ICYMI: Getting Out of the Way: Practicing Decolonized Thinking
"How do we ensure that global philanthropy is not causing more harm?" said Kendra Nicolai, Director of Operations at Shadhika, for Community Centric Fundraising. "As a white woman in the US, working for gender justice in India, the key was discovering how my own power and privilege were getting in the way of our path to decolonization."
"A year into my role at Shadhika, we hired a new Executive Director, My Lo Cook, who redefined the vision of Shadhika’s work, centering around a feminist and decolonizing core."
"As our team spent time reflecting on the foundation of our work and how to move the needle for gender justice in India, we had tough conversations with our partners, staff, and board about the power we hold as a funder and how we can deconstruct this."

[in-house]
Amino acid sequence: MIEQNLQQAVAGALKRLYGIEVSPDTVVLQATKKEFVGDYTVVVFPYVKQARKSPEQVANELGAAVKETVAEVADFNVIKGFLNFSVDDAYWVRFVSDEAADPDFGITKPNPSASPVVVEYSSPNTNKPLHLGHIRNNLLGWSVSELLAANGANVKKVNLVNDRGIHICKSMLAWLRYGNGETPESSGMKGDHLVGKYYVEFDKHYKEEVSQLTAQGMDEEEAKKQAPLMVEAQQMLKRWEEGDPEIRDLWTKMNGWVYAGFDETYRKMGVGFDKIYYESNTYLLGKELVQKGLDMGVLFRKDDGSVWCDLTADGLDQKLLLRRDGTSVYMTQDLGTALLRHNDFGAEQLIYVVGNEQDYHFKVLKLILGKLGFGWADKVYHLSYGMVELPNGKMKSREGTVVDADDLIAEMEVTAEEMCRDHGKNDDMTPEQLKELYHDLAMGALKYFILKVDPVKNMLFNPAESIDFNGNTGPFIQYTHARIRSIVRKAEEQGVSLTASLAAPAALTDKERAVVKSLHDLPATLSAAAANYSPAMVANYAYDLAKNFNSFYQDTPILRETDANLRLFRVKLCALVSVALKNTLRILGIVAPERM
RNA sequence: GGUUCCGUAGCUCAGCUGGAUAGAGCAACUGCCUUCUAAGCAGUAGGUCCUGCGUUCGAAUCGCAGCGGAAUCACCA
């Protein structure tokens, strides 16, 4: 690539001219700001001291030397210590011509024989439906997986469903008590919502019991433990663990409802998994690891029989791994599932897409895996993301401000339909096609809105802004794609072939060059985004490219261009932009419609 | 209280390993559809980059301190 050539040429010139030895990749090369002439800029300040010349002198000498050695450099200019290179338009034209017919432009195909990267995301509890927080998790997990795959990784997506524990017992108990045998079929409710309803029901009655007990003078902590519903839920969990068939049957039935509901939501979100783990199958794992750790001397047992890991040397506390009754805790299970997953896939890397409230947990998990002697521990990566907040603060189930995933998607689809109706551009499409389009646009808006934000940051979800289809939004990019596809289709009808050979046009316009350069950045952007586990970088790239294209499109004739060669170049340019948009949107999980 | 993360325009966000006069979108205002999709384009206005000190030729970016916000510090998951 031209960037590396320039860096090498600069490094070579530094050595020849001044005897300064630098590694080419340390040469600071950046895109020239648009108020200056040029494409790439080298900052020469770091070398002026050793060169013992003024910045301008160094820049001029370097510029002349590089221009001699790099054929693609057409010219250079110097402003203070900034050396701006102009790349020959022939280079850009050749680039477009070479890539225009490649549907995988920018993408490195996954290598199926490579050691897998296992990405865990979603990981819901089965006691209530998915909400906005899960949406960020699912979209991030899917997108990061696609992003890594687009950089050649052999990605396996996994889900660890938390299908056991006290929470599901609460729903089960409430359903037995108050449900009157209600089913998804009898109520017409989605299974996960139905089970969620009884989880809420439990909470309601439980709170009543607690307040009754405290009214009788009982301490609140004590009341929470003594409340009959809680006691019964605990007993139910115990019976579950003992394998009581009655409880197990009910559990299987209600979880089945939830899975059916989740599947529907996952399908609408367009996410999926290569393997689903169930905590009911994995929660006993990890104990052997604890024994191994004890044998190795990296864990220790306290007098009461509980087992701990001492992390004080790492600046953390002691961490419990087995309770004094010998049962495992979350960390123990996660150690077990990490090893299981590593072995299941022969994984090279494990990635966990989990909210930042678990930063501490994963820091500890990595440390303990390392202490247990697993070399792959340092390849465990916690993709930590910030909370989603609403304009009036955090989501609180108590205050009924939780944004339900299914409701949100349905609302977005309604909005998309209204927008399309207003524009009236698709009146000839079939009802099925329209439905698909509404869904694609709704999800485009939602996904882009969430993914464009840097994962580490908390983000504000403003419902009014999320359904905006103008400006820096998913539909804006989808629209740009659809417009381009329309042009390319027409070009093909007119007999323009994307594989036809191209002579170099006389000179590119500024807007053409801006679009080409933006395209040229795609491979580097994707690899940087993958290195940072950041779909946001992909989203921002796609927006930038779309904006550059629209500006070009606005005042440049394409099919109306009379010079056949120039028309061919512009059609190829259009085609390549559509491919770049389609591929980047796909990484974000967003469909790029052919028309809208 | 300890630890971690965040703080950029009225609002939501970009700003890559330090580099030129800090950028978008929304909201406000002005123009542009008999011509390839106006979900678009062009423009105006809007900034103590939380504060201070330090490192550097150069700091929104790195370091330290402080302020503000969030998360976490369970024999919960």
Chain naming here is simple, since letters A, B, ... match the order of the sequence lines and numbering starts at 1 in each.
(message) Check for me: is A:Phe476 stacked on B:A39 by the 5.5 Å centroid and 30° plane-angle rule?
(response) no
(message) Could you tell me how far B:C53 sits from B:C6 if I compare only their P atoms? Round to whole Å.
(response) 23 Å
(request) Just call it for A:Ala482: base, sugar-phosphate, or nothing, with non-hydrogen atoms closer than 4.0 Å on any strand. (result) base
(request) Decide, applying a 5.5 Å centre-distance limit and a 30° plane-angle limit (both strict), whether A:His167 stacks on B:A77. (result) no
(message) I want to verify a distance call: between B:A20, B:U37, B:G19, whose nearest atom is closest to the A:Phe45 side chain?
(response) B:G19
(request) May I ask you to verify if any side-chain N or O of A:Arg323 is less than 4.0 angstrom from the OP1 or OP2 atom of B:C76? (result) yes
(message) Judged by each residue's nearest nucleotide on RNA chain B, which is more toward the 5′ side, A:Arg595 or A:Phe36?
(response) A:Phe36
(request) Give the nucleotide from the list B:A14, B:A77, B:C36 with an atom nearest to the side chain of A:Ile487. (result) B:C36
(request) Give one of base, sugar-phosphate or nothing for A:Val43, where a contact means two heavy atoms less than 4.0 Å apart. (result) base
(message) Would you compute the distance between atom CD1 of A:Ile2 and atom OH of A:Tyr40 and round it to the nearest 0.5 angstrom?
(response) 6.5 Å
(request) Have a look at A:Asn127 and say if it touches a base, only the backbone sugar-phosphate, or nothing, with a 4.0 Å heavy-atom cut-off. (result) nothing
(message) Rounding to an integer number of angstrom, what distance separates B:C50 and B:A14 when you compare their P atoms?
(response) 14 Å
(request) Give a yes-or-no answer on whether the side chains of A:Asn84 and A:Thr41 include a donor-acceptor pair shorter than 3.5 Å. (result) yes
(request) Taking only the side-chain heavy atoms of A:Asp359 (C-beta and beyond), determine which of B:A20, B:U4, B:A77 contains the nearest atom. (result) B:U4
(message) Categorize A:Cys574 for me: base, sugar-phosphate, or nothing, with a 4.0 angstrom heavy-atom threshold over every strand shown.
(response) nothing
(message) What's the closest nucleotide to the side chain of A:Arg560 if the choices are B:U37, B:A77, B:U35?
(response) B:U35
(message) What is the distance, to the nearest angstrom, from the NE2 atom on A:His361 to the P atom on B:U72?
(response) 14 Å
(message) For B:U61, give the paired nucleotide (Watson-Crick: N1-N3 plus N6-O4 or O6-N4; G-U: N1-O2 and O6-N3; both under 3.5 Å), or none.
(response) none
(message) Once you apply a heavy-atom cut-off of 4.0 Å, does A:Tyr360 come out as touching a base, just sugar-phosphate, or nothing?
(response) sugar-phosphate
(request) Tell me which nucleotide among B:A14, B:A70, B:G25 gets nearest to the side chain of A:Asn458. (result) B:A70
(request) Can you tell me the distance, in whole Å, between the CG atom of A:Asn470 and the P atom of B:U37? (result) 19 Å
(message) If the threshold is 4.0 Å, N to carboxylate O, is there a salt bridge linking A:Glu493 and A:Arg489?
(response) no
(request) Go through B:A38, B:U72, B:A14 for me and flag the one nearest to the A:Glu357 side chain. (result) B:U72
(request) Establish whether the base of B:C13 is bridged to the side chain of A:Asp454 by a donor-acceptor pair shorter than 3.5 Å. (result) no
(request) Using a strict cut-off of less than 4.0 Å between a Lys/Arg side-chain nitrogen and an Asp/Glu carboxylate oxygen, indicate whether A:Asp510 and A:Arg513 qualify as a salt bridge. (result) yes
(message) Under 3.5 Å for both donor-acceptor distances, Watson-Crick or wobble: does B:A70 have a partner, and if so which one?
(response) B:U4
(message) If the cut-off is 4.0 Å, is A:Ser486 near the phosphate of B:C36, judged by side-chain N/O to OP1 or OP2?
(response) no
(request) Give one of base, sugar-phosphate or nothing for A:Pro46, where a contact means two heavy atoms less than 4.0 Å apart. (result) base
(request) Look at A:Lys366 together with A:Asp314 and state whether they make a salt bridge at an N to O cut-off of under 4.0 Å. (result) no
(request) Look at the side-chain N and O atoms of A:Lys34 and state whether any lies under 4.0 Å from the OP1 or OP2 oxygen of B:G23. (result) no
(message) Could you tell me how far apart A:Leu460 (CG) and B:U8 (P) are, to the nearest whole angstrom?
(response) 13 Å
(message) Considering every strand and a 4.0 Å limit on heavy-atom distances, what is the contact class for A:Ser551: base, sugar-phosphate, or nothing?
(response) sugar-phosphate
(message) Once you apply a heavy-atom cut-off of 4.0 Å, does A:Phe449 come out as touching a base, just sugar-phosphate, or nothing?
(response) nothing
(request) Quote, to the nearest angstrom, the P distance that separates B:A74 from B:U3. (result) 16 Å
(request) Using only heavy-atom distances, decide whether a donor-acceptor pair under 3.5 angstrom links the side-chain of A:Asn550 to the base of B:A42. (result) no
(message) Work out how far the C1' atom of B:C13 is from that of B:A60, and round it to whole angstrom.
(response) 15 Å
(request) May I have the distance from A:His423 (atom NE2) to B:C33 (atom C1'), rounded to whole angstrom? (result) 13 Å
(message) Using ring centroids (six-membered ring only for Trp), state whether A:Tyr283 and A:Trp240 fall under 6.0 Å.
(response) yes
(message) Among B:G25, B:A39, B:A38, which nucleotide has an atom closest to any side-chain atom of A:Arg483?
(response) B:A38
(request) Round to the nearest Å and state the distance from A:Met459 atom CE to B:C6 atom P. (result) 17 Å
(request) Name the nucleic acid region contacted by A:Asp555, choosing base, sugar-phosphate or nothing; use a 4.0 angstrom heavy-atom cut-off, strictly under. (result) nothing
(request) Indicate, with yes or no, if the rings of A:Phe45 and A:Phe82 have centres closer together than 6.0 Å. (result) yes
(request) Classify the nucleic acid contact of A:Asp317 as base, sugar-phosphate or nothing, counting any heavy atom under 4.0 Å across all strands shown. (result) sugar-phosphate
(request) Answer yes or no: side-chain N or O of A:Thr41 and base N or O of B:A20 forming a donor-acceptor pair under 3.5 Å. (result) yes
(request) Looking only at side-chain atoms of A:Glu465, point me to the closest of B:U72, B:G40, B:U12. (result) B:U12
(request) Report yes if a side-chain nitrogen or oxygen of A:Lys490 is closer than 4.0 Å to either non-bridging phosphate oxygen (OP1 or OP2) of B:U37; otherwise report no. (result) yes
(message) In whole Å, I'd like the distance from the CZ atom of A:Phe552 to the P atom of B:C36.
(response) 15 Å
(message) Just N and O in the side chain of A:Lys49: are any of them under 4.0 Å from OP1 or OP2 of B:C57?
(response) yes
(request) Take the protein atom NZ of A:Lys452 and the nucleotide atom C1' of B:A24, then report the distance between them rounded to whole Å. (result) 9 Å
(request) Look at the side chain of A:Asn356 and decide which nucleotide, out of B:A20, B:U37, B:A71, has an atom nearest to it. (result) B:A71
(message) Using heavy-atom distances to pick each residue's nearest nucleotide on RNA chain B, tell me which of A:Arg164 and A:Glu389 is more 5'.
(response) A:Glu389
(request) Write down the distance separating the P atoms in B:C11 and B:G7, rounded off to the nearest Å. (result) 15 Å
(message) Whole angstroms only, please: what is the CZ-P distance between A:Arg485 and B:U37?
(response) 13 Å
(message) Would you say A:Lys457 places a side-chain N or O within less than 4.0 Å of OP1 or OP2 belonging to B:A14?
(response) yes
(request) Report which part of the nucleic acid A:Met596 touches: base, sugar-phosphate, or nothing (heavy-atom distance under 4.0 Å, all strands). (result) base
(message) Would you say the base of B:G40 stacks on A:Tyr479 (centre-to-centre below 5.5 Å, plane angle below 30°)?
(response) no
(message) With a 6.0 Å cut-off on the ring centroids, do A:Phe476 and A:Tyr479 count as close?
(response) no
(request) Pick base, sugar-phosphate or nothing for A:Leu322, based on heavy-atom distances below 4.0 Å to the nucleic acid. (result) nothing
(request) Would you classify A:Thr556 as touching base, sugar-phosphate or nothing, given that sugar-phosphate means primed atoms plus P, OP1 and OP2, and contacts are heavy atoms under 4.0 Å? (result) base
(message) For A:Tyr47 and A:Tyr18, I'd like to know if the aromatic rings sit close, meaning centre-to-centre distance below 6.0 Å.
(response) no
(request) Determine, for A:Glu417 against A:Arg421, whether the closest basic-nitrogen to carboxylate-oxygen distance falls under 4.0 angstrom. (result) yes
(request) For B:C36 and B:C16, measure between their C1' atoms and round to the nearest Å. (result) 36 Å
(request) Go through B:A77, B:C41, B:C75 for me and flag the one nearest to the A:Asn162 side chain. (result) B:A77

“'Decolonizing development' is a phrase that has been buzzing around the development sector. Notably, for Shadhika, it meant shifting the power from donors’ hands to the communities we work in. It meant working with local organizations more than just as a funder, but as a partner, learning from one another, building trust, bringing more voices to the table, and leaving decisions about funding and programmatic priorities in the hands of the experts in the field."
"We know we must trust grassroots wisdom — which includes acknowledging and adjusting those harmful practices — and that this journey towards decolonizing our work is a continuous learning commitment we must undertake. I am thankful for My’s leadership and for bringing a decolonizing framework which helped me see where I needed to adjust and step out of the way to allow the work at Shadhika to grow and have the impact we intend."